Cops spotted outside a Kmart in western Sydney to check shopping bags

Outrage as police are spotted ‘checking Kmart customers’ shopping bags to make sure they’re buying essential items during Sydney’s lockdown’ – but cops say there’s more to the story

  • Western Sydney has been focus of a strengthened police presence since Friday 
  • Some locals said police were checking bags at Kmart Casula for essential items 
  • Under lockdown rules residents can only leave their house for essential reasons  

Police have reportedly been spotted checking customers’ bags outside a Kmart store in locked-down south-west Sydney to make sure they’re only buying essential items.

A local Facebook page shared a photo of officers standing at the entrance of the department store in Casula on Friday afternoon and urged residents to remain home.

‘Heads up the police are at the entrance checking bags and questioning the reason for essential travel,’ the caption to the post said.

‘If the government doesn’t want the community in Kmart then they need to shut down stores. This is where it confuses the ‘non-English’ community they keep blaming for the numbers.’ 

The picture shows two police officers wearing masks stationed next to the store’s security gates. 

A worker at the store told Daily Mail Australia police had been there on Friday afternoon and Saturday morning speaking to shoppers and checking bags. 

However, NSW Police denied the officers were checking bags, insisting they were ‘on the scene for other reasons’.

‘Checking shopping bags is not part of the COVID police operation,’ a spokesperson told Daily Mail Australia.   

A police operation targeting lockdown breaches has commenced in Sydney’s West with police officers spotted at the entrance to Kmart Casula (pictured) on Friday

A comment from the Facebook page who said the officers were checking shoppers bags on Friday afternoon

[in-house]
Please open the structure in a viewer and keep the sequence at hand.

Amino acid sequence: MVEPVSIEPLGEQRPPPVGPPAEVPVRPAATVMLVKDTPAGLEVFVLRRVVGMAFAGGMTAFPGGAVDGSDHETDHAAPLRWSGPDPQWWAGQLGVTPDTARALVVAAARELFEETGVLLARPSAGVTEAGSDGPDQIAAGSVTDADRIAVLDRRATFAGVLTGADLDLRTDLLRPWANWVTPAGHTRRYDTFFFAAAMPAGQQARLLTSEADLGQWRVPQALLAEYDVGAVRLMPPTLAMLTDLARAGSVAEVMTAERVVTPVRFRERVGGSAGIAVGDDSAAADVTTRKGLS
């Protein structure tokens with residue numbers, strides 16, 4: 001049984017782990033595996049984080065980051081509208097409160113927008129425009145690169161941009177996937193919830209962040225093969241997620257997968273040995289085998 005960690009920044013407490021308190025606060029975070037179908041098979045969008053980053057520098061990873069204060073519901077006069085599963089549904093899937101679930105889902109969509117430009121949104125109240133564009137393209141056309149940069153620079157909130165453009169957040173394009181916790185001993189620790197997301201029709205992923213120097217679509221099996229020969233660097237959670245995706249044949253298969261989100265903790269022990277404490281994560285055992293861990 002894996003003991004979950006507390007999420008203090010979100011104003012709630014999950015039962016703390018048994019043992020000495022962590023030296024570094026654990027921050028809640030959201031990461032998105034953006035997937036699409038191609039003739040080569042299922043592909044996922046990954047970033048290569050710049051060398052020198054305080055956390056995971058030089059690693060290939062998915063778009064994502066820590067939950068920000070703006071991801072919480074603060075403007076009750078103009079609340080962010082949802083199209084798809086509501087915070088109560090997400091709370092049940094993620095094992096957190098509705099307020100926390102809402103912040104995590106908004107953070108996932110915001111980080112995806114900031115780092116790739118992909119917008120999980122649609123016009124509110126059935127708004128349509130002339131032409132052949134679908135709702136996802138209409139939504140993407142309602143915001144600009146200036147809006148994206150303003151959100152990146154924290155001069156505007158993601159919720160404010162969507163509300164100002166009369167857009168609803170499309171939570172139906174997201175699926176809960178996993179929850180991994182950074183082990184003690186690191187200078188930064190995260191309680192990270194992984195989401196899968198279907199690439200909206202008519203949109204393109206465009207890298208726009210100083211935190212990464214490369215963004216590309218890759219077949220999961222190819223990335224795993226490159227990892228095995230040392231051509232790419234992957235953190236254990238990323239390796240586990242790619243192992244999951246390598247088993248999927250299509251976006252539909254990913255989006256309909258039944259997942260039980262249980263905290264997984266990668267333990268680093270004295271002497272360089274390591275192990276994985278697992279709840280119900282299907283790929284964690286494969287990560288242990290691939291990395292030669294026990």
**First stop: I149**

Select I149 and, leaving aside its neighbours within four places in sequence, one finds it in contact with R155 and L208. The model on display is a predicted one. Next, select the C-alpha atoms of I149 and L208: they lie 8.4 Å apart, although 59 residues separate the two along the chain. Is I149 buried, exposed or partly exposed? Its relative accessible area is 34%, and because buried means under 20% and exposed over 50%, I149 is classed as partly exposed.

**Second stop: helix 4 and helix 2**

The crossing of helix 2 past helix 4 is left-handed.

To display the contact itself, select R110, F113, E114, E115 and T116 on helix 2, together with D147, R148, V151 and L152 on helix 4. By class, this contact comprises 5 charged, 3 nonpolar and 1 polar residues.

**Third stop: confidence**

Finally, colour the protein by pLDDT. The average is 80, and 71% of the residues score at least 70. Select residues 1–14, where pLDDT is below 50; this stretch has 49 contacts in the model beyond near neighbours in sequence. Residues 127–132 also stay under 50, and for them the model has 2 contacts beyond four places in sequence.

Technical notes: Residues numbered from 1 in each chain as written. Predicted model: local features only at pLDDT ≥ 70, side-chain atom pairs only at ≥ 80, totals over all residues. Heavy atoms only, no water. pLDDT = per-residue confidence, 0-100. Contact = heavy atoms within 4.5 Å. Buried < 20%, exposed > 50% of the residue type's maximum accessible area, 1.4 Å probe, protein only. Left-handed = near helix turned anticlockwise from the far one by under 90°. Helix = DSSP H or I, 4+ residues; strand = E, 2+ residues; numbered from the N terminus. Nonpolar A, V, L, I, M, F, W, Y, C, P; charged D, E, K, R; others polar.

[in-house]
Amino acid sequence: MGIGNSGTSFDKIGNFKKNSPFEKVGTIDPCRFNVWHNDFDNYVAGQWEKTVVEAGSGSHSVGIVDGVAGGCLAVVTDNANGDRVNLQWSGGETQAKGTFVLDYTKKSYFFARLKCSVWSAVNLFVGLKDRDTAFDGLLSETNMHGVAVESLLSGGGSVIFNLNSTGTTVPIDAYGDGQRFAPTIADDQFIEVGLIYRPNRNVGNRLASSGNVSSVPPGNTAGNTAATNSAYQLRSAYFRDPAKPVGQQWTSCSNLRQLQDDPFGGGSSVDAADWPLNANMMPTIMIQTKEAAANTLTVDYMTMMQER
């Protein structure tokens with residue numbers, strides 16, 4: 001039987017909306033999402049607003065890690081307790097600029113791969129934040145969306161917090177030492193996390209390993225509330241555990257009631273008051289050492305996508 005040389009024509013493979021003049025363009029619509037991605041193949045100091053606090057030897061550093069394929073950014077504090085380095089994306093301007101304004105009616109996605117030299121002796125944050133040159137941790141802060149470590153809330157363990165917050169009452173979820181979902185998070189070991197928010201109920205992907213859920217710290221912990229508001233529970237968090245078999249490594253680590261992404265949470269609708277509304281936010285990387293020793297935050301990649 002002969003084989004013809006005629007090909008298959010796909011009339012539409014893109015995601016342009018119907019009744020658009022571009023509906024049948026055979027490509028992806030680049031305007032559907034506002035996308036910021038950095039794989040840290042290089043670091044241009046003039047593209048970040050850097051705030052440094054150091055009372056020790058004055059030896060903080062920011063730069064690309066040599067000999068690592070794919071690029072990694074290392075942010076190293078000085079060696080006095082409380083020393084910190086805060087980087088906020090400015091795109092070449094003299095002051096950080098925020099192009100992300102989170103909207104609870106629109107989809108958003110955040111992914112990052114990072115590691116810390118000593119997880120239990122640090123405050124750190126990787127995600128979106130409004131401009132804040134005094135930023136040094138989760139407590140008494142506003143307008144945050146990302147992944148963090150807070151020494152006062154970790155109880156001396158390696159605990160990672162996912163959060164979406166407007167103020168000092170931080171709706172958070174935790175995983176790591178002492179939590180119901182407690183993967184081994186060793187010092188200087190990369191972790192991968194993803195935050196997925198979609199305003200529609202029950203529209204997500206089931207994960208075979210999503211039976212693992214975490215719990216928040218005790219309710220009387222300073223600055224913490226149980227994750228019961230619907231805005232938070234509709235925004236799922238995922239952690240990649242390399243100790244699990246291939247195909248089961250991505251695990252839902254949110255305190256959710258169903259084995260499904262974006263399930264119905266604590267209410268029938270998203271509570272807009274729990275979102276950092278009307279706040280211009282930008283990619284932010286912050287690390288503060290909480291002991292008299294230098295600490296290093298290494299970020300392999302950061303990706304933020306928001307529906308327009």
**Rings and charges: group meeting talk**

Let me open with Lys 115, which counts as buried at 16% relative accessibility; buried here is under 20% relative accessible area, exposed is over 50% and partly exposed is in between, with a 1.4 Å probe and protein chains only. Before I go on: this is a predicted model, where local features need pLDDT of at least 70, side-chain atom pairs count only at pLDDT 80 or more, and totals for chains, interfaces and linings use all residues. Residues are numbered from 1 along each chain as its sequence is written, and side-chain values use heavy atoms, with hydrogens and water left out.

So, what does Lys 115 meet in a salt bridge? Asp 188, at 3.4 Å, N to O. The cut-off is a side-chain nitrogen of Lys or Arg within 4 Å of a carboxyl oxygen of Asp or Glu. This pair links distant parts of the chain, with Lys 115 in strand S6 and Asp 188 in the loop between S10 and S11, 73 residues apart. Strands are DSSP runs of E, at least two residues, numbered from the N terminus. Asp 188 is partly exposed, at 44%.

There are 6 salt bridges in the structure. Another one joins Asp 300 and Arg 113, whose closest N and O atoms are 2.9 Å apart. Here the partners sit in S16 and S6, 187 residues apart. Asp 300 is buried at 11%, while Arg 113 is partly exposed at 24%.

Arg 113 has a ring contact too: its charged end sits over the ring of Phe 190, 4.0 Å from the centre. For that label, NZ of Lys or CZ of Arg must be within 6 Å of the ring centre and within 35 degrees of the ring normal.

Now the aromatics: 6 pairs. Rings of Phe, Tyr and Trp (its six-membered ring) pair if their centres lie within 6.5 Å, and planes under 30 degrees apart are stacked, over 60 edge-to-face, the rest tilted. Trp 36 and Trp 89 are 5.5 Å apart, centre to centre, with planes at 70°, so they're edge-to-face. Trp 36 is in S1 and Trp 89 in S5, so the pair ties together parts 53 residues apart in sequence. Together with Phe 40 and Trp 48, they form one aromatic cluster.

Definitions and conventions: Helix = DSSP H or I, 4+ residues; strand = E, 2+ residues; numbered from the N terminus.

On Friday a dedicated police operation commenced in southwest Sydney with 100 more officers deployed to the area to ensure compliance with lockdown rules. 

The Fairfield, Canterbury-Bankstown and Liverpool local government areas have seen high rates of Covid transmission this week.  

Assistant Commissioner Tony Cooke said shopping centres would be a particular focus of the operation. 

‘The question will be…what’s your reasonable excuse for being here? You don’t need that pair of shoes today,’ he said. 

‘The problem we have is people are going out when we don’t need to, they are coming back and infecting their family. That is what we have said, that is what the health advice is.’

People commenting on the controversial Facebook post of the police officers said the measures seemed extreme. 

Residents can only leave their house for essential reasons (pictured: a woman in Liverpool on Saturday morning) 

Assistant Commissioner Tony Cooke said shopping centres would be a focus for the 100 extra police deployed to western Sydney 

‘Welcome the the police state,’ one person said. 

‘How ridiculous,’ added another. 

‘Who are they to tell us what’s essential? Maybe they just broke their last pair of shoes,’ added a third. 

However others argued residents should follow the rules. 

‘Good, they should learn what’s essential. If you don’t desperately need something then don’t go out’ one person said. 

Saturday was meant to be the day Greater Sydney emerged from a two-week lockdown, but instead the city has recorded another 50 cases. 

They are also subject to the toughest COVID-19 restrictions in over a year.

The new cases were diagnosed from over 42,000 tests in the 24 hours to 8pm on Friday, and include 37 who were active in the community for all or part of their infectious period.

Residents in Sydney’s south-west and western suburbs have been urged not to leave their homes unless necessary (police are pictured stationed in Liverpool)



– Outdoor public gatherings limited to two people (excluding members of the same household)

– People must exercise within 10km of their home

– No carpooling with members of other households

– Browsing at shops is prohibited, and only one person per household per day may leave the home for shopping

– Funerals limited to 10 people from July 11.


– Shopping for food or other essential goods and services (one person per household per day)

– Medical care or compassionate needs (only one visitor can enter another residence in circumstances of compassionate needs)

– Exercise with no more than one other person (unless members of the same household)

– Essential work or education where you cannot work or study from home.  

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